The top 100 most valuable nation brands in the world have recorded a 7% increase in brand value since 2020, signalling that recovery from the Covid-19 pandemic is under way, according to the latest Brand Finance Nation Brands 2021 report.
Although this is a positive sign, the report explains that uncertainty is still an issue and nation brand values have not yet reached pre-pandemic levels. At $90.8trn, 2021’s total brand value of the top 100 ranking is still 7% lower compared with 2019.
There has been no movement in the top ten this year, with each nation retaining its rank from last year. All the top ten have recorded a modest uplift, however, in line with the global trend across the ranking.
Chairman and CEO of Brand Finance David Haigh commented: “The superpowers from the West and the East unsurprisingly dominate the Brand Finance Nation Brands ranking, with China remaining hot on the heels of long-standing leader the US. With China’s recovery and economic rise showing no signs of slowing down, as growth hit a record high at the beginning of the year, no doubt the gap will continue to close in the coming years.”
In addition to measuring nation brand value, Brand Finance also determines the relative strength of nation brands through a balanced scorecard of metrics evaluating brand investment, brand equity and brand performance.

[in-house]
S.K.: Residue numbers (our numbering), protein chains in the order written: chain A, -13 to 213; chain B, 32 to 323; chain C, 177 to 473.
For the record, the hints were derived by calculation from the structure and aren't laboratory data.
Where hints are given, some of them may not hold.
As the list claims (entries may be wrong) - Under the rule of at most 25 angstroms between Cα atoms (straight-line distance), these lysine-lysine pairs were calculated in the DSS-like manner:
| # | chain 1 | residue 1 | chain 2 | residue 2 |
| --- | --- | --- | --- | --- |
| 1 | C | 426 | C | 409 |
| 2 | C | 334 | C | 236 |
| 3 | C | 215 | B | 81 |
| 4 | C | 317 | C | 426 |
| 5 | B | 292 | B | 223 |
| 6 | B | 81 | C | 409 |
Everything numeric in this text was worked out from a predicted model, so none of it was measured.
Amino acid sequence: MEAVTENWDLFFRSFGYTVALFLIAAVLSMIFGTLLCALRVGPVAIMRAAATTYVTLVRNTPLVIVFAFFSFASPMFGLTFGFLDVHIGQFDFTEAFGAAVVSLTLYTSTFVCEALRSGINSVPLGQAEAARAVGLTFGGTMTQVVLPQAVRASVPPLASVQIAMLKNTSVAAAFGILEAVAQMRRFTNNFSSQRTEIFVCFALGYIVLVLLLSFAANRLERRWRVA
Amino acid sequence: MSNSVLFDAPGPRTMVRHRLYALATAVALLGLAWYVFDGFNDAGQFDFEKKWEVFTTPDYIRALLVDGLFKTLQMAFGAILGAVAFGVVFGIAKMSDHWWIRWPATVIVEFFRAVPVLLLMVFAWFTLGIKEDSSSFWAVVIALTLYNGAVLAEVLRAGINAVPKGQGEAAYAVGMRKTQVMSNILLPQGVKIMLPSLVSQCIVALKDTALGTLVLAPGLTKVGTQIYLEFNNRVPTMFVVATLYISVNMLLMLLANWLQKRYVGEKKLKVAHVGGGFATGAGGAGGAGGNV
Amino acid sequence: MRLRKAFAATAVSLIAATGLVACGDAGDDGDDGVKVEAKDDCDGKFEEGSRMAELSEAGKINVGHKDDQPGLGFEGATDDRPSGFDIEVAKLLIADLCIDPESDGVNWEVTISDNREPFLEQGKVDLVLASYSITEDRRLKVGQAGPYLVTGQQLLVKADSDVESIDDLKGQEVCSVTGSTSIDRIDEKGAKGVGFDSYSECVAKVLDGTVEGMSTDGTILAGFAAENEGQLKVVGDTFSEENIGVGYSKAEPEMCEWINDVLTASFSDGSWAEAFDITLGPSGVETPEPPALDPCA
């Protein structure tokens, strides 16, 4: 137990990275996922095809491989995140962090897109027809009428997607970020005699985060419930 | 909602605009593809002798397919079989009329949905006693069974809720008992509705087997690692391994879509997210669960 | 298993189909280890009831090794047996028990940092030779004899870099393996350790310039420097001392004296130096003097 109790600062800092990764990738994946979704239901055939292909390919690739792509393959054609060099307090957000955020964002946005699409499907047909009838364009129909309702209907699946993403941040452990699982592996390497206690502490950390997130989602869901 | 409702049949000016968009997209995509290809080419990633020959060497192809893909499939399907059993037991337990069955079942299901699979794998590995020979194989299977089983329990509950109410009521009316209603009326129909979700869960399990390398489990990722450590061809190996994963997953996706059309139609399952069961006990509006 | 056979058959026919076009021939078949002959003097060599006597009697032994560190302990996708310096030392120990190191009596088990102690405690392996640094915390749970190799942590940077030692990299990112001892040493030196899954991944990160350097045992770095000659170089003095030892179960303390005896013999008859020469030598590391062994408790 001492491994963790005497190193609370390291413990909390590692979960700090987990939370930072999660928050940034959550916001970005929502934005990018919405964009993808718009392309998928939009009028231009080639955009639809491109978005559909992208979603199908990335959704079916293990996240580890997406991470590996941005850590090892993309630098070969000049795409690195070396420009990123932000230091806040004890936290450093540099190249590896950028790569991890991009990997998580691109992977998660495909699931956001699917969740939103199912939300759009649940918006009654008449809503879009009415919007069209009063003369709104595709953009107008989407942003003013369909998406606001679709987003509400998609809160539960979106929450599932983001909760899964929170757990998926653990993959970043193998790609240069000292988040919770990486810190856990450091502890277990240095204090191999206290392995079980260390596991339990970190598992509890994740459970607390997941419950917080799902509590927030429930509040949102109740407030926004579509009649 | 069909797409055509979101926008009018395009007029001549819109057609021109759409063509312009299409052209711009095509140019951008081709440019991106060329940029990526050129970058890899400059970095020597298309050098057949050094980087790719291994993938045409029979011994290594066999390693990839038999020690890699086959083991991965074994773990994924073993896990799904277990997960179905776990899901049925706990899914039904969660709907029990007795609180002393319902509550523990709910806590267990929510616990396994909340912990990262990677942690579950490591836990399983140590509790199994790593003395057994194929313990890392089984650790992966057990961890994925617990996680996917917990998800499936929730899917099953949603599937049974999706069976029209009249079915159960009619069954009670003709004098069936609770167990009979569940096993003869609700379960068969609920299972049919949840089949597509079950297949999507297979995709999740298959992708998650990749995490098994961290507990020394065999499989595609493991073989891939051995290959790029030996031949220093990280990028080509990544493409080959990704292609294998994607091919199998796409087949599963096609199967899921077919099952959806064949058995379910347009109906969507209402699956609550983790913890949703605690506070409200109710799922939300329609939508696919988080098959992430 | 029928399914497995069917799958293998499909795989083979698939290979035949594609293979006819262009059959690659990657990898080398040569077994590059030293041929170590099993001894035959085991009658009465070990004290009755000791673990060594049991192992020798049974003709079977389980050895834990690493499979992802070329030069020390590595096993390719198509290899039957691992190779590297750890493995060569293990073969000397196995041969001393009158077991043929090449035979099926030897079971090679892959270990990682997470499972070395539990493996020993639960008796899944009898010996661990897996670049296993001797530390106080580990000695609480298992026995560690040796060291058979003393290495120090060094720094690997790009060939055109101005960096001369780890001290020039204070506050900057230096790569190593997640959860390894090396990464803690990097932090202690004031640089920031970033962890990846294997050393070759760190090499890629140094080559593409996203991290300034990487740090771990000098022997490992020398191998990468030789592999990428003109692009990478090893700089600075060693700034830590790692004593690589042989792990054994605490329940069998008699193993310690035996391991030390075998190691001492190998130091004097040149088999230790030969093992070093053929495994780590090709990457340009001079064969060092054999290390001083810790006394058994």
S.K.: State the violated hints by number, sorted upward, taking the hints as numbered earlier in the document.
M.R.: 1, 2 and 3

The nation brand strength methodology includes the results of the Global Soft Power Index, the world’s most comprehensive research study on nation brand perceptions, which surveys opinions of more than 75,000 people based in over 100 countries. According to these criteria, Switzerland is the world’s strongest nation brand with a Brand Strength Index score of 83.3 out of 100.
“It will be important for the world’s largest economies to focus on making up the ground they have lost in brand strength, in order to protect their brand value," said Haigh. "The UK, US, Japan and France have all scored poorly domestically for their handling of Covid and they need to rebuild this trust with their respective populations.”